From an article on BigLifeJournal.com
We all know that setting and achieving goals is a life skill necessary for success and happiness. But it’s one that even adults REALLY struggle with: Studies say that only about 8% of people achieve their New Year’s resolutions!
How can we teach children to set realistic goals—and actually follow through?
Make it fun!
Research shows that children learn best when they’re playing and enjoying themselves at the same time. Fun experiences increase levels of endorphins, dopamine, and oxygen, all of which promote learning.
Here are 5 activities that can make goal setting more fun and effective.
1. Make a Bucket List
Typically, a bucket list is a list of accomplishments, experiences, or achievements that someone wants to have during their lifetime.
To teach your kids goal-setting—and have fun in the process—you can create a YEARLY bucket list.
It’s even more fun if the whole family gets involved.
Here's what to do:
Throughout the year, your family will have tons of fun accomplishing items on the list and checking them off.
As the year progresses and you start to notice several items remaining, you can talk about if you still want to accomplish each of these goals or if your family’s goals have changed. If you still want to accomplish them, how can you go about doing so? What steps will you need to follow?
Research shows that in addition to learning through play, children also learn effectively through experience. Keeping track of and planning toward goals will be a valuable learning experience for your child, and it’s a fun way for your family to bond as well!
At the end of the year, you can look back over all of the things your family has accomplished. You may even make creating an annual bucket list into a new family tradition!
2. Draw a Wheel of Fortune
The idea for the “wheel of fortune” was created by Dennis Waitley, author and authority on personal development.
Here’s what to do:
As your child reaches her goals in one segment of the wheel, do something to CELEBRATE, then repeat the process above for each additional segment.
Over time, your child will improve in many aspects of her life, all while learning to set and reach goals.
3. Create a Vision Board
A vision board is a great way to help your child visualize her goals. Your child will also have fun with this meaningful arts and crafts project.
Here’s what to do:
Making the vision board helps your child think through her goals, and it also serves as a powerful visual reminder of everything she would like to achieve.
Revisit the idea of the vision board often. Ask your child what different pictures represent and how she plans to achieve her various dreams.
If the goal is a big one, help her break it into simple pieces. What are some small steps she can take now to achieve her long-term goals in the future?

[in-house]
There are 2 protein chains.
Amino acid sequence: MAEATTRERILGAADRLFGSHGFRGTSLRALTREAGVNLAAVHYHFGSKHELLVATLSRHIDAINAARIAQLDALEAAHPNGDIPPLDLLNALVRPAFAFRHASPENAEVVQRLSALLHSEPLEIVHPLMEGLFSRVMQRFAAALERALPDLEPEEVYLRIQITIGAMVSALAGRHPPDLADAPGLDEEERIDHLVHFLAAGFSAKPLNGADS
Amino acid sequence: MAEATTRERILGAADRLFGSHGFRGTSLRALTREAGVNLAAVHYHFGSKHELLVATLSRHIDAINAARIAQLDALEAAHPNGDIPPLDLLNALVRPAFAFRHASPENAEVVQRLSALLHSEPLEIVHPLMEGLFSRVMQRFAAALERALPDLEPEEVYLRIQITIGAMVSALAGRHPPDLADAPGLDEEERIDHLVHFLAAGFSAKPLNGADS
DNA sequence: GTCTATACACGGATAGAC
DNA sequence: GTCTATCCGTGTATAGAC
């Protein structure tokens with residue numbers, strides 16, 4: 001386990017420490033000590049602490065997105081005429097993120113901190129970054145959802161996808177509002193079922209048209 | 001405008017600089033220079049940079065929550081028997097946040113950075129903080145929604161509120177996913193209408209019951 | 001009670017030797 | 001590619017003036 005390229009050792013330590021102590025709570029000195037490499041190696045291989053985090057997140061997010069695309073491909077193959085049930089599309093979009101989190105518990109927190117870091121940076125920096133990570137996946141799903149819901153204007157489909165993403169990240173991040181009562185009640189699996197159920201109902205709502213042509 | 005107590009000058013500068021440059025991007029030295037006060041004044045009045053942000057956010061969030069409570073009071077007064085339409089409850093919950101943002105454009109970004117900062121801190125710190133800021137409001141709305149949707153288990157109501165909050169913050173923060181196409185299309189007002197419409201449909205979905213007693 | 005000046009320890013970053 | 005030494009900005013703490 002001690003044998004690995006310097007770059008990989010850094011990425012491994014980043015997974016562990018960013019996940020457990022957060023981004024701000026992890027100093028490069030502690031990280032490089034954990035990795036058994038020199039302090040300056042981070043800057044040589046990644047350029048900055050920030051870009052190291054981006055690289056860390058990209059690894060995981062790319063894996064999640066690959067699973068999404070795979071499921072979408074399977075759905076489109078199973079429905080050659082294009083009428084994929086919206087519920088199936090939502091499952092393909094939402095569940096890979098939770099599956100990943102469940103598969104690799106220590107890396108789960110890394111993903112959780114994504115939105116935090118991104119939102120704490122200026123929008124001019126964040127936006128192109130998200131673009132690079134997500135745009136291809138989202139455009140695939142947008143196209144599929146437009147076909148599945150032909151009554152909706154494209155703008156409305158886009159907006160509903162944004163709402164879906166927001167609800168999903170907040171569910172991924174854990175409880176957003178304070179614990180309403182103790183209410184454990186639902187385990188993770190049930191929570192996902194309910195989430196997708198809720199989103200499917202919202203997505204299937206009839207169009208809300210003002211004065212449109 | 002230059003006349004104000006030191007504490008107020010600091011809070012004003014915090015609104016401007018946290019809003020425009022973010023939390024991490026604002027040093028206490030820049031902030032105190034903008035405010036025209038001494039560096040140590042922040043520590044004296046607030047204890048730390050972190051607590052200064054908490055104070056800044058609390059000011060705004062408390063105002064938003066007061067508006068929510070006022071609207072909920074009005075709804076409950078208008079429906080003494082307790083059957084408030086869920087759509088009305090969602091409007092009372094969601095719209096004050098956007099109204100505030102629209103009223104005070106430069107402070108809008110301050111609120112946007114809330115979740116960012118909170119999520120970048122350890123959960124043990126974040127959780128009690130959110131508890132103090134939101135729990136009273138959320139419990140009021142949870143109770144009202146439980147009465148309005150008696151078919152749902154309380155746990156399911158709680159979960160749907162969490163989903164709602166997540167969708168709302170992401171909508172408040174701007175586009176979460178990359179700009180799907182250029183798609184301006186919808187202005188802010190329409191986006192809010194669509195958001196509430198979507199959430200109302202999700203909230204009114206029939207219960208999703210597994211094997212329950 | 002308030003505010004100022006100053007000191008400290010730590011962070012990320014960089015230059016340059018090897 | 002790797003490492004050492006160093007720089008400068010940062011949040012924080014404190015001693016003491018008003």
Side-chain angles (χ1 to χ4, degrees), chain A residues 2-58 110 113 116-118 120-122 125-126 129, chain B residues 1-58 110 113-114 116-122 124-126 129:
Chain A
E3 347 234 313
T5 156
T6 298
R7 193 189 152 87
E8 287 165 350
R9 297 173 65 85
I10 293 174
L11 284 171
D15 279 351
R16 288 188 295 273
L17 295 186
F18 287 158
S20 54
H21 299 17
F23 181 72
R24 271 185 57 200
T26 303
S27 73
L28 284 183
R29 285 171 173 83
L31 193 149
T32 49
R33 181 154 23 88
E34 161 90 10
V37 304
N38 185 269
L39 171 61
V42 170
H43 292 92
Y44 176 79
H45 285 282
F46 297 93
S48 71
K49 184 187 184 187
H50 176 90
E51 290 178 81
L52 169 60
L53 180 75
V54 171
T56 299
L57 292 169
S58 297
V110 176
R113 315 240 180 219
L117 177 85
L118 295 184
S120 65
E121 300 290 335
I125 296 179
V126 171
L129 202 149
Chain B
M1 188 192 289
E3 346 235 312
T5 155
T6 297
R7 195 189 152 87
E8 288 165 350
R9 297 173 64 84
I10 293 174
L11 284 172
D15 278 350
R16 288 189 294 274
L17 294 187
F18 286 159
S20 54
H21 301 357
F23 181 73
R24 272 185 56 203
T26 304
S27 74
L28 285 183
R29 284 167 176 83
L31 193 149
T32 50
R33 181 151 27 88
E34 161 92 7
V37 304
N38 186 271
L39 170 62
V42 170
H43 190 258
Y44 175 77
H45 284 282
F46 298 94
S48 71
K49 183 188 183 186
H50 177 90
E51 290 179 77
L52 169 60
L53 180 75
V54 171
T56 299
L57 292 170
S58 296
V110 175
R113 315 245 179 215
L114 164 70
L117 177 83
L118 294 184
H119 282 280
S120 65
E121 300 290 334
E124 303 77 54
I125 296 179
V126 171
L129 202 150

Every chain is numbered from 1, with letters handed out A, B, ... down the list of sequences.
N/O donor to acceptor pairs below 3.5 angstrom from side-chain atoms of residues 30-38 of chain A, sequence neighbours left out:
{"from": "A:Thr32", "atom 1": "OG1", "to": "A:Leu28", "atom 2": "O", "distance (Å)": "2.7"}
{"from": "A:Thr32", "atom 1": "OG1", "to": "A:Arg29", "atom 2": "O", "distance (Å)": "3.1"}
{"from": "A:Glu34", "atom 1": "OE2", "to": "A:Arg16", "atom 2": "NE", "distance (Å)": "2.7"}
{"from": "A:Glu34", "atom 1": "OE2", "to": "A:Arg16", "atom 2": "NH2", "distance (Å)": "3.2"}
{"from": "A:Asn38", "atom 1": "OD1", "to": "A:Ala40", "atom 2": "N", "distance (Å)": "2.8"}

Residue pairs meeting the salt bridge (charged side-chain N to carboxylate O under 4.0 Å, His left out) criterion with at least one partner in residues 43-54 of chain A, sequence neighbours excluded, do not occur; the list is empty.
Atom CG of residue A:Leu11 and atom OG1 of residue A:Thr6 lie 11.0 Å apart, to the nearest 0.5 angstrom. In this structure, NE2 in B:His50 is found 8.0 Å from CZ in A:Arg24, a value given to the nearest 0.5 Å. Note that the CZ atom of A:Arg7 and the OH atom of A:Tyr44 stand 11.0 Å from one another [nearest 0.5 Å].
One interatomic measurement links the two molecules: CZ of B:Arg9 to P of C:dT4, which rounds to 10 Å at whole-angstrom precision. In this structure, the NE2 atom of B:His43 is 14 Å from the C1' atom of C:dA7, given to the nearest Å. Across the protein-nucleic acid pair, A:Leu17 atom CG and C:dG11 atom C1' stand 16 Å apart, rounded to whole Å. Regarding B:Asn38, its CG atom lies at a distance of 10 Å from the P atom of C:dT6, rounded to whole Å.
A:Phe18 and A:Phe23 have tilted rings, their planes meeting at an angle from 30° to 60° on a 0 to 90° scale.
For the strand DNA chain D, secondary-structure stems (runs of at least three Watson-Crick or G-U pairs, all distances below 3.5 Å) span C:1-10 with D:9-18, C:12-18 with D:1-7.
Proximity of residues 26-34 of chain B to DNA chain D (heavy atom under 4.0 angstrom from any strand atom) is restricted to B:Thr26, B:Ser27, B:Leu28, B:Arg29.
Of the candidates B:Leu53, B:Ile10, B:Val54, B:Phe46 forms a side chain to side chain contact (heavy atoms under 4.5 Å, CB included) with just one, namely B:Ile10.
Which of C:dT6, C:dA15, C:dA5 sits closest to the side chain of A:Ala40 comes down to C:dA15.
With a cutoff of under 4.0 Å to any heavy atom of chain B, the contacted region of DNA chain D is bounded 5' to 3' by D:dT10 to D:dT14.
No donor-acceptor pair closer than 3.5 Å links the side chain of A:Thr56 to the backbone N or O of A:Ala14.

Your child will learn to set goals, think critically, and plan ahead. She’ll also develop the understanding that what she does now and throughout her life does matter and can positively impact her future.
4. Play 3 Stars and a Wish
3 Stars and a Wish is a fun way to get kids thinking about their goals while also providing some positive affirmation.
Here’s what to do:
Make sure that you or your child write everything down. If your child is old enough, it’s a good idea to have her write about her progress toward her wish on occasion.
Psychology professor Gail Matthews found that writing down your goals on a regular basis makes you 42% more likely to achieve them.
Having your child share her hopes and dreams with you makes her more likely to achieve them too. Dr. Matthews found that people are even more likely to achieve their goals if they share them with a friend (or parent) who believes they will succeed.
5. Ask Fun Questions
Asking your child questions about what she would like to accomplish is a standard component of the goal-setting process.
However, you can get creative and make the process more enjoyable with funquestions like:
Of course, some of these questions may prompt unrealistic answers from your child, but you can help her tweak them to be more achievable.
Then discuss that she may not win the lottery or find a magic genie, but she can take her fate into her own hands by making a plan to achieve her hopes, goals, and dreams.
It’s common for kids to be uninterested in setting goals, and even more uninterested in pursuing them to fruition. You can try to change that by making the process more fun with the following activities:
If you can get your child interested in setting and achieving goals, you’ll raise a determined and successful individual!
Hey parents, according to KidsHealth.org, kids ages 6-12 need physical activity to build strength, coordination, confidence and to lay the groundwork for a healthy lifestyle.
School-age kids should have many chances to participate in a variety of activities, sports, and games that fit for their personality, ability, age, and interests. Brainstorm with your kids on activities that feel right. Most kids won't mind a daily dose of fitness as long as it's fun.
Physical activity guidelines for school-age kids recommend that each day they:
• get 1 hour or more of moderate and vigorous physical activity on most or all days
• participate in several bouts of physical activity of 15 minutes or more each day
• avoid periods of inactivity of 2 hours or more unless sleeping
"I have been teaching martial arts for 44 years and I don’t know another sport that gives a child everything her or she needs. Two to three sessions a week give kids a structured time schedule for fitness, fun, self defense and protocol. Classes begin with respect and courtesy followed by stretching, strength building, aerobic training, jumping, kicking and learning self control and self defense. Everything the medical community recommends with a healthy dose of fun", says Master Greg Silva from Black Belt Schools International.